TylerSchwartz2
Occasional Contributor II

Try scrolling through an attribute table and see how laggy and unresponsive it is.  There is a plethora of performance issues that Pro suffers from, but just scrolling through an attribute table is the most stark and easy to see.  Beyond just the performance issues, many other problems exist (signing in/out of accounts doesn't update Pro/AGO permissions/extensions, catalog file tree doesnt update/forced refresh needed, the list goes on). 

Here we are over two years out of beta and we still have beta level issues persisting and not being patched or caught by development/qaqc team.  I was an early adopter, and because of that I have seen all the bugs and issues present from version 1.0 til now - many have been fixed (some of which I had to report)... whereas other, larger issues have not.

Selecting polygons, performing edits, running a calculate field, ribbon/UI updates, spinning wheels.  These processes should have instantaneous responsiveness like they do in ArcMap, but they dont. These are the issues that users are complaining about, and they are not small issues!. This inefficiencies in Pro add up over the course of a day and causes frustration when the software cant move as fast as your mind. 

This is accentuated because ArcMap DOES move that fast, so these issues are amplified. The feedback specific to Pro being less efficient than ArcMap on Geonet is widespread-- I do not accept that these are isolated issues and I believe ESRI knows about them but arent being forthcoming about it.

I will freely admit I LIKE Pro and it DOES have a lot of great things going for it. .  I like the UI, I like the new map layout/legend, I like the added symbology and labelling options (transparency), but all of those things fall flat if it is much less efficient than ArcMap. We expect Pro to be as responsive (or more responsive) than ArcMap and we expect ESRI to QA/QC their product, not us.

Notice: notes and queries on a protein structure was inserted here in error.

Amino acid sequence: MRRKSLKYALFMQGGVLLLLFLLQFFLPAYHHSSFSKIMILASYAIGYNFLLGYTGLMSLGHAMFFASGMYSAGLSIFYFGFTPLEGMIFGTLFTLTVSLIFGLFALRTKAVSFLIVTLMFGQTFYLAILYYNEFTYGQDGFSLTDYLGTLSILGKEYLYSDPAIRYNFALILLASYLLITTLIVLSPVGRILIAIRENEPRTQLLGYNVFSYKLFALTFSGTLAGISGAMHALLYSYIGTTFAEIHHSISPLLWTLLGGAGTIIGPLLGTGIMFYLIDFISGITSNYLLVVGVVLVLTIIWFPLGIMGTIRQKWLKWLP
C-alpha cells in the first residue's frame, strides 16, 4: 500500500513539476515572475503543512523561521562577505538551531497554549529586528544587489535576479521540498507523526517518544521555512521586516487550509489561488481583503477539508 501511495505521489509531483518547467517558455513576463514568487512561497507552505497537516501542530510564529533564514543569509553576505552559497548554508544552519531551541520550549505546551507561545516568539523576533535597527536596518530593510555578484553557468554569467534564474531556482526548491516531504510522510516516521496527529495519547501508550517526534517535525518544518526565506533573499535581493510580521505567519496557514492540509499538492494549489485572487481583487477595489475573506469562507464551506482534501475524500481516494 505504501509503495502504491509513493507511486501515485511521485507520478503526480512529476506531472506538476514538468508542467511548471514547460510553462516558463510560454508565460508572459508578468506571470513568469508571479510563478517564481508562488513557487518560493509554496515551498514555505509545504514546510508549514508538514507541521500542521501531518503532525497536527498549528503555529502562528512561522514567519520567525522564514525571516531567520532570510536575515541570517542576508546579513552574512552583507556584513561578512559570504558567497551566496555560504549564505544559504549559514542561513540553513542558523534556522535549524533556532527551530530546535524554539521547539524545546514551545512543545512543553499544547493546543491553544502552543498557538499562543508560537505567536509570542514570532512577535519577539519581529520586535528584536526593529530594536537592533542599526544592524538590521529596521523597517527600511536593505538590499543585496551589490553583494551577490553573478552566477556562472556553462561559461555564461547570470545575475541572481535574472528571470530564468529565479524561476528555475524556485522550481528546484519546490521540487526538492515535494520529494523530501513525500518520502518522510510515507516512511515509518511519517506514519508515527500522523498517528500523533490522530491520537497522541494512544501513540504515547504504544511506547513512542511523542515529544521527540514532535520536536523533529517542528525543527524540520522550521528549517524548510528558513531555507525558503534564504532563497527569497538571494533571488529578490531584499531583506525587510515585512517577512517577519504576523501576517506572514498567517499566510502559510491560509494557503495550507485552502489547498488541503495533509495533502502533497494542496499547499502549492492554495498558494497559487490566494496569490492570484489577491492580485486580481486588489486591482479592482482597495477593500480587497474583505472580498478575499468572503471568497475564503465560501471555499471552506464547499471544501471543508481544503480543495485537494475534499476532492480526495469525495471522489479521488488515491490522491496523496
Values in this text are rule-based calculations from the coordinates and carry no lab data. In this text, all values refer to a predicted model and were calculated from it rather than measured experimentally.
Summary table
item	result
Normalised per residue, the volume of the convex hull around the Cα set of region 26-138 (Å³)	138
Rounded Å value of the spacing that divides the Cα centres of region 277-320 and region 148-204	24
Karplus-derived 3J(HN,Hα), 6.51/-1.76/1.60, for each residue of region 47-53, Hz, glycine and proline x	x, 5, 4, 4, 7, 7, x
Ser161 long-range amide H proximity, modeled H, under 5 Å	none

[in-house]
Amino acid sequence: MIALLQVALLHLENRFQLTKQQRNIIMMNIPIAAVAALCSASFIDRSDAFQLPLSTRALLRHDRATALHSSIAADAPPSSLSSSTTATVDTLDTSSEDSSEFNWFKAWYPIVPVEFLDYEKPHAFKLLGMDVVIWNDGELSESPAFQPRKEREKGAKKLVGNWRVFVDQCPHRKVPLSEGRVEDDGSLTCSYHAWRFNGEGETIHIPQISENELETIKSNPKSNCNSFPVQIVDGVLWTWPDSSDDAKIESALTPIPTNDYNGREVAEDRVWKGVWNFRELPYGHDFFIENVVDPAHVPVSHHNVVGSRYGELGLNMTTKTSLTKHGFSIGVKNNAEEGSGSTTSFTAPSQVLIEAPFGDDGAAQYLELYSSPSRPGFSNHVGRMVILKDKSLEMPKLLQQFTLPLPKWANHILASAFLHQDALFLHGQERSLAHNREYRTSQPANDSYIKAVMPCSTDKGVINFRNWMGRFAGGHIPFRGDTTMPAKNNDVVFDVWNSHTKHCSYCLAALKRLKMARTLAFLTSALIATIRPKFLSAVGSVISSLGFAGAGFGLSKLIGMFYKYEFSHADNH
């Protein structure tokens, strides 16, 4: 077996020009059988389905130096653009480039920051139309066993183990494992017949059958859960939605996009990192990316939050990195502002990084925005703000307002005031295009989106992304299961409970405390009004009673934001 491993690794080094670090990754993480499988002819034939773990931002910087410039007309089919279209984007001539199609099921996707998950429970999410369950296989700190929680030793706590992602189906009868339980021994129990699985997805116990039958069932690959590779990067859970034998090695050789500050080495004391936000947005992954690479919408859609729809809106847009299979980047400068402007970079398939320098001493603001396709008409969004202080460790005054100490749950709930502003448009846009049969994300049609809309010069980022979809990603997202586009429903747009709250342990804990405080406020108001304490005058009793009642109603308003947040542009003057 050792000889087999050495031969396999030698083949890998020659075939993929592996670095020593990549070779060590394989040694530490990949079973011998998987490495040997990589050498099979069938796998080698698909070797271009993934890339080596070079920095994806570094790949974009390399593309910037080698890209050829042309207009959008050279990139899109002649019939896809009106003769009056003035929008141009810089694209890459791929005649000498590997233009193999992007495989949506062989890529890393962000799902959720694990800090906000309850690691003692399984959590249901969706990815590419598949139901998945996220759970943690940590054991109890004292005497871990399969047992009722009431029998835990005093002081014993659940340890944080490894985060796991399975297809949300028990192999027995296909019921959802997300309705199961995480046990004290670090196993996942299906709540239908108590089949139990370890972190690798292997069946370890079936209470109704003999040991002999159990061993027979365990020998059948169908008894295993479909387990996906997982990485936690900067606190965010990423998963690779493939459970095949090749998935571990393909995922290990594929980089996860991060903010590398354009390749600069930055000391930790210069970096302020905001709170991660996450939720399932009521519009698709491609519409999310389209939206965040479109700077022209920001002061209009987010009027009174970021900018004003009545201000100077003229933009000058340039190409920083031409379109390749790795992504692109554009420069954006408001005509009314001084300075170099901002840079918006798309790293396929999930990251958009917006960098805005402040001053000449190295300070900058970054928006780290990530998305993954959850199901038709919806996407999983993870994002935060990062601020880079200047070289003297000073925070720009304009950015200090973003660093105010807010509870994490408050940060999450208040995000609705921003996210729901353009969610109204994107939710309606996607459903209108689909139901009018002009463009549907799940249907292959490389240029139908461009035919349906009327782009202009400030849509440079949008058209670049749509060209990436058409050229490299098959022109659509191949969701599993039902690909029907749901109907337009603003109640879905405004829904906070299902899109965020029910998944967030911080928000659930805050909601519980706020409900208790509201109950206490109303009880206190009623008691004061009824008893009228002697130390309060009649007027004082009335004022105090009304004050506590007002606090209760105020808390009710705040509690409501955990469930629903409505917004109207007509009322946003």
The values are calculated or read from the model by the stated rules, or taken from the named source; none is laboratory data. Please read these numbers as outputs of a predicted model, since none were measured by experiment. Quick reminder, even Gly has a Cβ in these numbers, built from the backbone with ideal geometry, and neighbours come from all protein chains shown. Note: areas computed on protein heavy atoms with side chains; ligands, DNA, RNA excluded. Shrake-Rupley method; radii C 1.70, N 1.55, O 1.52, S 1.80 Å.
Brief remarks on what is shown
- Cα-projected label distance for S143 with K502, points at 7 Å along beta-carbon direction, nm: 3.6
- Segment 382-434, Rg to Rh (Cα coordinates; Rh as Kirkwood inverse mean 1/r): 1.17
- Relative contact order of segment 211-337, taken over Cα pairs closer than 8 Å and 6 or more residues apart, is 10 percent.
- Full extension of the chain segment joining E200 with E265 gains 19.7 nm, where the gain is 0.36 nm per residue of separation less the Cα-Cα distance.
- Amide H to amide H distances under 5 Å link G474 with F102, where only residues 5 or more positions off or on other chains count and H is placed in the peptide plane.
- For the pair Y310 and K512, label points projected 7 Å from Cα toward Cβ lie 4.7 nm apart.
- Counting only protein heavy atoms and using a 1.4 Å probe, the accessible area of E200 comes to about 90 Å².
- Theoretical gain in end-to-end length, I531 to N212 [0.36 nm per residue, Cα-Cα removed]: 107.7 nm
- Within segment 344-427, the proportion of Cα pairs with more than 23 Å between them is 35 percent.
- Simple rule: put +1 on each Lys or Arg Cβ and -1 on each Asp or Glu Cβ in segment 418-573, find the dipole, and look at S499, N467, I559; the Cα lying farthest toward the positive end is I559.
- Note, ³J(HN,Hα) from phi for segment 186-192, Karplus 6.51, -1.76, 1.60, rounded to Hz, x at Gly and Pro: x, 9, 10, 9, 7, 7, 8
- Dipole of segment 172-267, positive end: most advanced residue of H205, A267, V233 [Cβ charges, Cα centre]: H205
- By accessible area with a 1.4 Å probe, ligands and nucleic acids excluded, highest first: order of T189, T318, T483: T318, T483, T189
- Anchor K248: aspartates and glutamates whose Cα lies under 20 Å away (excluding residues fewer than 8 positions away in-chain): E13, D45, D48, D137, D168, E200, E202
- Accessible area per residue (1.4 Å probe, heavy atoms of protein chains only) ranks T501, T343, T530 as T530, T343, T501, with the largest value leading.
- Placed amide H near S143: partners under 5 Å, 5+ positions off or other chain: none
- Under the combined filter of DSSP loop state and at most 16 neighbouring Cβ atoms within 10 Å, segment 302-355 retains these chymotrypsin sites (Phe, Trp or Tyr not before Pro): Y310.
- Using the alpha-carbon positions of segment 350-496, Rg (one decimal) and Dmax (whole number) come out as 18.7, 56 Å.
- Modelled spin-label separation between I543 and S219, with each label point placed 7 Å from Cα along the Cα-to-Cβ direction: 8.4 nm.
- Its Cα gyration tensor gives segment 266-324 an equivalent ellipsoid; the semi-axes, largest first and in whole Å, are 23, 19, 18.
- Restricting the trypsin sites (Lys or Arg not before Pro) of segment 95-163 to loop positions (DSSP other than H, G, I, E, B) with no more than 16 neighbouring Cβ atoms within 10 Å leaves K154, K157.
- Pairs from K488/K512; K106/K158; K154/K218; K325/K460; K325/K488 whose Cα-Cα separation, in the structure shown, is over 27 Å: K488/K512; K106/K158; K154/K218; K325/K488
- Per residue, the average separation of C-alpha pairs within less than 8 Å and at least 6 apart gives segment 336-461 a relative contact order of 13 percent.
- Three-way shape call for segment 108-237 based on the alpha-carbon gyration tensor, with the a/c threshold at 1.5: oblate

ESRI needs to get serious about the speed and efficiency issues that Pro currently has if they expect users to adopt Pro over the currently much more efficient ArcMap. Surely ESRI knows this but cant seem to achieve (or acknowledge) it, why?

RickGonzalez
New Contributor III

I feel your frustration frothing from the post as I read.  This gets so ridiculous I just give up entirely on Pro and won't use it for a long time.  Then, when I come back to it, I am reminded and disappointed once more of its deficiencies. Where's Mr. Dangermond in all of this?  Does he realize what is going on?

ThomasColson
MVP Frequent Contributor

The issue is not licensing. I'm not yet at TS levels on this yet, but if you turn on SDE Intercept and Fiddler, the amount of network traffic generated by Pro compared to ArcMap is on the order 50-100 times more. Even with the license offline. Even had a case that was borderline reproducible confirm the latency, but "borderline" cases never go to development. Stay tuned, my next case on this topic will be reproducible, so help me sasquatch. 

MatthewTokarski
New Contributor II

I'd love to see your data on this because I'm having a very hard time convincing my IT department to upgrade the ancient 100 Mbps NIC cards in my department.